You hear the phrase “administration and procedures,” and your eyes might glaze over as your mind drifts to the National League Championship Series. But unless you read the code, how are you going to know if it’s sexy?
OK, procedures? Not that sexy. Sorry to disappoint. This section lays out how administrative processes should work under the revised code and gives the first details of some of the major procedural changes, including Registered Community Organizations (RCOs), Civic Design Review (CDR), new notification procedures, and the discouragement of use variances. Not everything is entirely clear yet—for example, the Zoning Code Administrative Manual, which governs many of the “how” details, is not yet finalized.
Still, let’s not forget our governing questions. Can I, your representative layman, understand it? And if I can, what’s new?
Sometimes, footnotes tell the tale. One, to the City Council’s power to approve subdivisions of land, reads, “This replaces current language stating that Council will approve SP-ENT districts [where arcades, casinos, and pool halls are allowed], Industrial Transformation Districts, RC-6 districts, Waterfront Redevelopment Districts, and Neighborhood Conservation Districts, because those are all amendments to the official zoning map that require Council anyway.” What that means: the code already does this elsewhere, so the bloat is cut by not including it here. A good start!
As for new things, the section offers a handy “Procedures Summary Table” that shows what arms of the city have what role in zoning decisions, and details the cases where public notices and neighborhood meetings are required. And the section on what expansions are allowed for nonconforming buildings translates about 700 words of code into three easy-to-grasp illustrations.
Another newbie, section 14-201(4)(b)(.8) integrates a City Council bill passed earlier this year. The bill demands anybody seeking special exceptions, variances, or approvals from the Zoning Board of Adjustment (ZBA) to prove they’ve paid their taxes. For a city that’s been facing revenue shortfalls for some years now, this pay-what-you-owe-to-play provision might be a good idea.
The civic associations, which have engaged in tete-a-tetes with large developers, now have a formal if advisory role. Property owners must notify the surrounding community in four cases: when seeking a special exception approval, a regulated use approval (for uses like adult stores, gun shops, jails), a civic design review, or a zoning variance. The burden is on the applicant, in all cases, to show that any exceptions are, in essence, consistent with the Planning Commission’s overall idea for how development should be moving forward. That is, consistent with the comprehensive plan, unlikely to overcrowd the land or the streets, ecologically sound, and so forth. In fact, requests for zoning variances go before the Planning Commission before they even get to ZBA.
The RCOs, in order to be notified, must register with the Planning Commission every year, and provide a contact name, a person who will participate in any necessary civic design review, the area it covers, and whether it wants paper or email notification. Groups that represent the same area or who overlap the area where a project will occur must team up for a single meeting within 21 days of receiving notice. Within 30 days, both the RCO and the applicant must file a report on the meeting and submit it to the ZBA or the CDR Committee.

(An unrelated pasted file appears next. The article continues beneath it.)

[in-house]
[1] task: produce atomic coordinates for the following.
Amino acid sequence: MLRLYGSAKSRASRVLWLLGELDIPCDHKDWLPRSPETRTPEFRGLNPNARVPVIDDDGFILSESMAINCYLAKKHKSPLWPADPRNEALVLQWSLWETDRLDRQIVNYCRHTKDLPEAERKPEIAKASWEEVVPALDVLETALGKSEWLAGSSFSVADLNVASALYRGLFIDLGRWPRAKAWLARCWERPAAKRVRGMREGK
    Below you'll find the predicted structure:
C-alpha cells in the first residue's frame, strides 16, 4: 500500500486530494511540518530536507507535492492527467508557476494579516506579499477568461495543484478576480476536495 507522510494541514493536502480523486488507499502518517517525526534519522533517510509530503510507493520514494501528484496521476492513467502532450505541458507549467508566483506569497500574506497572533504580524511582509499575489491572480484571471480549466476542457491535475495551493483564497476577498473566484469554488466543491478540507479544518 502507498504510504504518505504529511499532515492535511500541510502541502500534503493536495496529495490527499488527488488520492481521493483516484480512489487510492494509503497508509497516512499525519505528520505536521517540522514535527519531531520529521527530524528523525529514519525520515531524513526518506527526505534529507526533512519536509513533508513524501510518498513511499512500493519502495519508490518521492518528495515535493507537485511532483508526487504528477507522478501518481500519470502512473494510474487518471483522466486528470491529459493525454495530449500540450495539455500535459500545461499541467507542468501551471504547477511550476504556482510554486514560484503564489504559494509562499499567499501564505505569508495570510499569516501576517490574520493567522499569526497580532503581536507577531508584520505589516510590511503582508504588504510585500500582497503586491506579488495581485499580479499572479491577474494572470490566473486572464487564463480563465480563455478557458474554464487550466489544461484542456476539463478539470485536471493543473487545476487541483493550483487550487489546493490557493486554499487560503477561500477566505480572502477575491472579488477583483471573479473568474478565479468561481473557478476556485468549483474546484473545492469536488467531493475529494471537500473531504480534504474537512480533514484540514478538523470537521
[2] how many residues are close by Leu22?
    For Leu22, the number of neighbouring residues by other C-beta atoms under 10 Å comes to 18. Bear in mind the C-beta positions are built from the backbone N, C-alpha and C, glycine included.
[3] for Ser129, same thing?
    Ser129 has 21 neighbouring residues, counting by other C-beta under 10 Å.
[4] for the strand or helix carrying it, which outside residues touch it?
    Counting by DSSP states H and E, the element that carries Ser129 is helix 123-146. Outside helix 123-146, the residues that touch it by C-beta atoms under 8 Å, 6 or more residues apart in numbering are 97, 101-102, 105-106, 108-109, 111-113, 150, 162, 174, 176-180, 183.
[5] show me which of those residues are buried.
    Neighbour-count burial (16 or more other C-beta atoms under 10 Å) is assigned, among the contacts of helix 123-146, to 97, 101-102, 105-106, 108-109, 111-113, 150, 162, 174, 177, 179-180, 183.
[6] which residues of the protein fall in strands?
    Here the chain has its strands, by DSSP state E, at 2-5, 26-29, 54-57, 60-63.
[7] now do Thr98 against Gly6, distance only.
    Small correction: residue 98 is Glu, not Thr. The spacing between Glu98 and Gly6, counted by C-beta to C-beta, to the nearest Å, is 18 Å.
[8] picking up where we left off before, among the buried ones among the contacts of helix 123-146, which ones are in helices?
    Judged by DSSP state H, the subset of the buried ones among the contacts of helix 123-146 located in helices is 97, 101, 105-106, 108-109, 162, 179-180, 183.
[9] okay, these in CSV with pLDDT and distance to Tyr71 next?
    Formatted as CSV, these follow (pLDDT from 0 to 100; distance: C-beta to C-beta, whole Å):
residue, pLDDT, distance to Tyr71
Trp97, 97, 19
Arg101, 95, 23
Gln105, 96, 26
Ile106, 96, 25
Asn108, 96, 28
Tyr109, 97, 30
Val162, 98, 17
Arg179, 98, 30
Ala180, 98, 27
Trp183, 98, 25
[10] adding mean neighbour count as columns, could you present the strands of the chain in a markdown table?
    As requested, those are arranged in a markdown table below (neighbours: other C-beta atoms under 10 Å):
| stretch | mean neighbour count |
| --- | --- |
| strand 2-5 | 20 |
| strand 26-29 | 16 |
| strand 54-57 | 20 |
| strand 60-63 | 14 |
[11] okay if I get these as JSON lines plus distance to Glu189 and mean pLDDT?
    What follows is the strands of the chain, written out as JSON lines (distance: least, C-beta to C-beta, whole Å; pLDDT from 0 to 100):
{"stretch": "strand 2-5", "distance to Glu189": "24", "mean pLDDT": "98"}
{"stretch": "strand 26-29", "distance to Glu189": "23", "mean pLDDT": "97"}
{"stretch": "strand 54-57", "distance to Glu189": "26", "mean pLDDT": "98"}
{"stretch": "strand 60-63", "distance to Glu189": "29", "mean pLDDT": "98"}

The ZBA and the CDR Committee cannot discuss the application until those 30 days have passed—the time is intended to let all parties get their ducks in a row and submit their reports before the application is reviewed. Developers are likely to appreciate this policy, which means they won’t have to make the rounds to a number of different meetings with different groups. The neighborhood and civic associations? We’ll see what they think in a future story.
Neighborhood groups also have a formalized role in Civic Design Review. CDR will be triggered in three cases, and the CDR Committee exists to advise developers about the potential public impact of major projects. The commission will consist of seven members, according to the code, “two architects, one landscape architect, one transportation/urban planner, one developer/builder, one person with civic association review experience, and one rotating seat for a representative of a Registered Community Organization located in the Project Area.” Except for the RCO representative, the members will be mayoral appointees, making the CDR Committee necessarily a political body.
That the CDR Committee’s makeup will be political in nature probably won’t matter, though, because the committee’s recommendations will be just that: recommendations. The code makes very clear that the committee is advisory, and if a project is “of right”—that is, if it complies with the zoning code and maps—it can move forward, regardless of what its neighbors may think.
Finally, the code states explicitly, “Use variances are discouraged.” Makes sense—jails might be necessary, but not a lot of people want a new jail built on a residential block. The idea here is that after the Zoning Code is revised, and after the city goes through a remapping process early next year, the map of the city will better reflect the actual (and anticipated) uses of land and buildings, thus minimizing the need for use variances. Will this work? We won’t know until everything’s done, but with half of ZBA cases being use variances, any reduction will streamline appeals for all other issues.
Next time, in Cutting through the Zoning Code: Base Zoning Districts! (And if you’re lucky, I’ll throw some Overlay Districts in there as a sweetener.)
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